1-Year-Olds & Baby Solid Foods
It is still generally accepted by the American Academy of Pediatrics and the American Dietetic Association that your baby, after reaching 12 months of age, can begin to eat table foods. However, there are a few cautions to go along with this rule.
Ask yourself if there is a history of food allergies in your family. If the answer is yes, you will want to hold off on introducing common food allergens until 18 months or later. These common allergens are, in order of frequency: cow's milk protein, eggs, tree nuts, wheat, soy and fish. Often, you already know if your baby has a milk allergy because your baby will have eaten cheese or yogurt, if not a milk-based infant formula. As for the rest of the potential allergens, remember to introduce them one at a time so that if there is a reaction, you can detect the offending ingredient easily. After trying a new food, wait three days before offering another new baby solid food to your child.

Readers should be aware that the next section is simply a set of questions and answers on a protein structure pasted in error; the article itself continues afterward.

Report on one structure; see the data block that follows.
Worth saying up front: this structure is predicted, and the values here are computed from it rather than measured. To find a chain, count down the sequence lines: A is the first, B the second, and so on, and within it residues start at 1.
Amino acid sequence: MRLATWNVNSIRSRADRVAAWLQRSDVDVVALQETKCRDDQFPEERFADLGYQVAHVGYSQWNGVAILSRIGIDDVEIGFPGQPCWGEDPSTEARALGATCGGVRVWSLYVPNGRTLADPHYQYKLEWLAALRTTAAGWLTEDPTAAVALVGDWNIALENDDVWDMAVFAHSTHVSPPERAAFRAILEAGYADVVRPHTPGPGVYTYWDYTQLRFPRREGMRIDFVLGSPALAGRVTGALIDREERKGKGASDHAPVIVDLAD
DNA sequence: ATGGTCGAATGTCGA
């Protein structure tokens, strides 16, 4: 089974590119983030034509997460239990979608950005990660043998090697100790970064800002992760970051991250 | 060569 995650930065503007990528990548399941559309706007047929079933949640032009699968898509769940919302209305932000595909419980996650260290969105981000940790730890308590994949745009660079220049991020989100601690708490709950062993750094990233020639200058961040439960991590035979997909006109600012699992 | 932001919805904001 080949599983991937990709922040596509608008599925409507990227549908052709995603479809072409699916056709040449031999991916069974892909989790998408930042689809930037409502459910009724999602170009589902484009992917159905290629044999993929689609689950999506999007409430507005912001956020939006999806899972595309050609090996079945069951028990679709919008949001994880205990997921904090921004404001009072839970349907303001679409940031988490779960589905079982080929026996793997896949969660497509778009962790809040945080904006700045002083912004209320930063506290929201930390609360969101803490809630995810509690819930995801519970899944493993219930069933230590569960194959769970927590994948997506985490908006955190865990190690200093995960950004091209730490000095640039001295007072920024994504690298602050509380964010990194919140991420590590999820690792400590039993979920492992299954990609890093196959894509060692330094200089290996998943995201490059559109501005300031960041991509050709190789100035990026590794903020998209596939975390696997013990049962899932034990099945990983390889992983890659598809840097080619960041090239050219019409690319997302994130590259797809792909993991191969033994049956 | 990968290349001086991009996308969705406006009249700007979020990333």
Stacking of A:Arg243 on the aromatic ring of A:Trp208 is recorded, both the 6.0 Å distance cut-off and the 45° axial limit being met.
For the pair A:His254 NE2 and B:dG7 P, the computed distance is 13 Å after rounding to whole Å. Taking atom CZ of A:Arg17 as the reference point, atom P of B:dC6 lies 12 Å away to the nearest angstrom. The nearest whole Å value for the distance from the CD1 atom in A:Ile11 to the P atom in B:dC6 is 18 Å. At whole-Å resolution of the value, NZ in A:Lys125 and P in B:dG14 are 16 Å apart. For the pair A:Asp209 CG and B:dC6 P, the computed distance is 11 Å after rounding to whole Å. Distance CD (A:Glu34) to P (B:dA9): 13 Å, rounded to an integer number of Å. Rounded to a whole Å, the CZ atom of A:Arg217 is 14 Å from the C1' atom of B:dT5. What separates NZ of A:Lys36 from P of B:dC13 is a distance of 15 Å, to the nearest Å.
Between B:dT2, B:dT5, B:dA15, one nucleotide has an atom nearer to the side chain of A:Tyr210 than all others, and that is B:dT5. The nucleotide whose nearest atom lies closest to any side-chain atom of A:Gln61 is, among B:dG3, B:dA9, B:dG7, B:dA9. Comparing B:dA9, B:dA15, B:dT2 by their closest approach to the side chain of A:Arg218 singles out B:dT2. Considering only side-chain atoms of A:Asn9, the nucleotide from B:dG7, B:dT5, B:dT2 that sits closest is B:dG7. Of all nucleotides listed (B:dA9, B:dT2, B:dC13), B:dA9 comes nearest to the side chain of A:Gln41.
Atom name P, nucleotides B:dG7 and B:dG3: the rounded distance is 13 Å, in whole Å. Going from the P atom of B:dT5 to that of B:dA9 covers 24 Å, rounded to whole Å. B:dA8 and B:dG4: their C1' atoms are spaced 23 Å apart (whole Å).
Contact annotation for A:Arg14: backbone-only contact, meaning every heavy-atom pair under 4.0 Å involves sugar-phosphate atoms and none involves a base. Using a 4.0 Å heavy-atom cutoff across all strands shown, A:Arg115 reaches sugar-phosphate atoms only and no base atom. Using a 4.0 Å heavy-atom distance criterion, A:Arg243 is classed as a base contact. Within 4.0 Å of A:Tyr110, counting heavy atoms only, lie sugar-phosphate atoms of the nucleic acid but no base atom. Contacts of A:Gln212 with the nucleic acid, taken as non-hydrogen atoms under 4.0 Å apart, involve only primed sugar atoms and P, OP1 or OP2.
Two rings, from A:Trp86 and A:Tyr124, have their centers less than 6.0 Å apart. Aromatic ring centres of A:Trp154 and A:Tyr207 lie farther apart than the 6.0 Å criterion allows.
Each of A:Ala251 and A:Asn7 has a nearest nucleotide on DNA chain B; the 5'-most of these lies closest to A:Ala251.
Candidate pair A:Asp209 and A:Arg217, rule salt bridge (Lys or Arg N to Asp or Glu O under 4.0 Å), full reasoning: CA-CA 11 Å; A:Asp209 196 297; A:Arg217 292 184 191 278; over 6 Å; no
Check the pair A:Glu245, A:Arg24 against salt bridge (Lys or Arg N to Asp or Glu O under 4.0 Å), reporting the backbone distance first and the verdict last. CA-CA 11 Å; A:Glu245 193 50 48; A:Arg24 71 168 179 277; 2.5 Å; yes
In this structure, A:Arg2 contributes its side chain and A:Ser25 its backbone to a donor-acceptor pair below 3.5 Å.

What if there isn't a history of food allergies? In this case you can try new foods as you wish, but remember to wait three days to determine if the new food is well tolerated. Symptoms of food allergies range from hives and itching to runny stools to difficulty in breathing—this last one is serious, and you need to call the doctor immediately if it occurs.
It is important for everybody who cares for your child to keep track of the introduction of new foods. Many children are cared for by a number of caretakers, and sometimes kids are fed new foods too rapidly or without the parents' knowledge. I will never forget the time when I changed my baby's diaper and saw a lot of red in the diaper. Panicked, I ran to the phone and called my babysitter. Sure enough, she had just fed my daughter beets for the first time the day before. I was relieved, but requested that my sitter tell me when new foods were introduced.